The Seventh Avenue entrance to Madison Square Garden had a patch of yellow bricks in front of it on Monday (16), set off with an arch of multi-colored helium balloons (read: rainbow). Yes, we were off to see the wizard . . .
And a new wizard at that. That outsized Munchkin, Mickey Rooney, has finally graduated to the role -- in a stage version of The Wizard of Oz which is touring the country for the next 15 months. It will double-back to Madison Square Garden in six weeks and spend the entire month of May (1-31) there.
The Mick's co-star, Eartha Kitt, was late-arriving -- in a poof of smoke. She has inherited from Rosanne the role of the ultimate high-flying heavy -- The Wicked Witch of the West -- and her well-known feline voice adapts quite well to the called-for cackles. "The scariest yet," one promoter promised. "And you should see me fly," she postscripted backstage. "I love the flying part."
Sixteen-year-old Jessica Grove, who originated the role of Dorothy Gale in last year's edition, stepped forth -- Toto in tow -- and delivered "Over the Rainbow" in a heartfelt fashion.
The photo-op, decorated with a colorfully costumed assortment of Munchkins, also featured Mayor Rudolph Giuliani and the Mayor of Munchkin City. There was a furious exchange of keys to the city as well as honorary mayorships. No sooner had the actor playing the Munchkin City mayor been designated NYC mayor-of-the-day than he put in a special request: "I suppose this would be the time to ask for Ranger tickets." One of the announced scheduled events -- Giuliani ticketing Kitt as she jay walked across the yellow brick road -- was mercifully canceled. Instead, Kitt just did her melting/disappearing act ("What a world! What a world!") and was done with it.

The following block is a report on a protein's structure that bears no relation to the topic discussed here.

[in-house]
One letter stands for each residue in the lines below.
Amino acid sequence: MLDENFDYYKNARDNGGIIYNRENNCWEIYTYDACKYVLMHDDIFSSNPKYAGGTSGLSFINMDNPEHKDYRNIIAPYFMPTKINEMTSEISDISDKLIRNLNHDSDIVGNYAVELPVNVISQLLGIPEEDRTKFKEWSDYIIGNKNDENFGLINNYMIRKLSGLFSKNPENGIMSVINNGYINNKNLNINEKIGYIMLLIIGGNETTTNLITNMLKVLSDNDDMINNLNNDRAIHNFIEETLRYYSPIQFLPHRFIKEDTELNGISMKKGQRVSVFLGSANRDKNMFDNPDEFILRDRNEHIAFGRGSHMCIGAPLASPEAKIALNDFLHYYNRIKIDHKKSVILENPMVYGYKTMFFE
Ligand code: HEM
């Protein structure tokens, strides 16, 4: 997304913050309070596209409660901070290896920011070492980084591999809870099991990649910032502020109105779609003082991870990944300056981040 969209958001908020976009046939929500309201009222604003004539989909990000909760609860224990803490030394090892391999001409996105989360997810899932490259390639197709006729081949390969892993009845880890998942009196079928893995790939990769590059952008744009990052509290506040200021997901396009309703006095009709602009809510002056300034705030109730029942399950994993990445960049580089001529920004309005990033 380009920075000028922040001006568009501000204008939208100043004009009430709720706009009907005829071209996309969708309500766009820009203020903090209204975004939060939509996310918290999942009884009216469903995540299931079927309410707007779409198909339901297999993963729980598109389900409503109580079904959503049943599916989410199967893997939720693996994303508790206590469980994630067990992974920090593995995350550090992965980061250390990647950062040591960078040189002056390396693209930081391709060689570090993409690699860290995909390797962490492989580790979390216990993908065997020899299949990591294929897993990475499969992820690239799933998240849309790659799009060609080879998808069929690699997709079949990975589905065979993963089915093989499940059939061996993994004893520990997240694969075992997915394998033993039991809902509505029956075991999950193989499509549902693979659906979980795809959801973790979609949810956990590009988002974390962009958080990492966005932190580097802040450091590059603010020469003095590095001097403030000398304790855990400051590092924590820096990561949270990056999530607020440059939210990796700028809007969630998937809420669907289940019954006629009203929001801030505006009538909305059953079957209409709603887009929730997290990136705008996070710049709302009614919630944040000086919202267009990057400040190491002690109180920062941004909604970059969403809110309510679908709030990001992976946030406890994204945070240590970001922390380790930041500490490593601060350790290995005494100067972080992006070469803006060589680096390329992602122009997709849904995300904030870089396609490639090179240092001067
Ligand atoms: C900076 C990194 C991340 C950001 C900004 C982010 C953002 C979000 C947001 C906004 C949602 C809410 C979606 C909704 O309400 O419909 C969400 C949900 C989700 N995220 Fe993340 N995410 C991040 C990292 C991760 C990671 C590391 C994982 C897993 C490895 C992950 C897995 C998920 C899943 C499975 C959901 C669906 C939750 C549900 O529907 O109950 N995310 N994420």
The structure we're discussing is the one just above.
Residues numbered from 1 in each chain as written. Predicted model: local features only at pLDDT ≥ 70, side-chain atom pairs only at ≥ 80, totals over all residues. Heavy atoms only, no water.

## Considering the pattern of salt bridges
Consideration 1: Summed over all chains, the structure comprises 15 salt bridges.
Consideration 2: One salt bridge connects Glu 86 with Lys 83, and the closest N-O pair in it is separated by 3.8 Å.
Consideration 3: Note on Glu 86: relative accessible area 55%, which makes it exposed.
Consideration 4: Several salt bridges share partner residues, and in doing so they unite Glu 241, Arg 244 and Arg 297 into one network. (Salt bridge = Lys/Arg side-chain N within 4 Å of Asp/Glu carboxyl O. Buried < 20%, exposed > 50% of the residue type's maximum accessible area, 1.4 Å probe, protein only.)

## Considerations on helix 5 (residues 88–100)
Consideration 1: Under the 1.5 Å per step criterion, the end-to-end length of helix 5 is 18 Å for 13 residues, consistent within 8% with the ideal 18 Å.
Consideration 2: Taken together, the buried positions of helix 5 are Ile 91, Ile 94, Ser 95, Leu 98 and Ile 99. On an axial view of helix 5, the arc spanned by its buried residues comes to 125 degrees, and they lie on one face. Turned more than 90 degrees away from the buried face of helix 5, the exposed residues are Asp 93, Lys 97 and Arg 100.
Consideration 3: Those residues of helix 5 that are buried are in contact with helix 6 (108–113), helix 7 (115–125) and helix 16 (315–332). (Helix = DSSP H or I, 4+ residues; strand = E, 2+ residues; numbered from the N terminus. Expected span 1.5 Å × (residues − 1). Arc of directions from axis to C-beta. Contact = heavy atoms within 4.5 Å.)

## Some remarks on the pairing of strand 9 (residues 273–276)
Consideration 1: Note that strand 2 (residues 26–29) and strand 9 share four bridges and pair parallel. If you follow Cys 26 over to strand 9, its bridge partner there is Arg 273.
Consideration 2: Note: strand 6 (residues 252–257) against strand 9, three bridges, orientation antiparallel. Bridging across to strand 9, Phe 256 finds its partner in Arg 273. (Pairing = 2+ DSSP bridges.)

Bob Dorian, who ordinarily hosts old movies on the American Movies Channel, emceed much of the event -- he plays Uncle Henry in the production -- and he identified Rooney as "an American movie classic all by himself." Dorian went on to point out that Rooney has some legitimate claim to the role -- that when the movie premiered in New York in August of 1939, he and the film's star, Judy Garland, worked up a special stage show that accompanied the feature into the now-long gone Capitol Theatre.
Tipping his MGM pedigree more, Rooney reminded folks that he had done nine movies with Judy and had co-starred in The Human Comedy with the man who originated the title role in The Wizard of Oz, Frank Morgan. The two actors also appeared together in Summer Holiday, the 1948 musical version of Eugene O'Neill's Ah, Wilderness! -- Morgan as the boozing uncle, Rooney as the lovestruck adolescent. Again, it was a role Rooney grew into; he had appeared in the 1935 non-musical version, playing the subteen younger son. Rooney, who leaves New York tomorrow, doubts if he'll make it up to Lincoln Center to see its revival of Ah, Wilderness! -- having already "given at the office."
-- By Harry Haun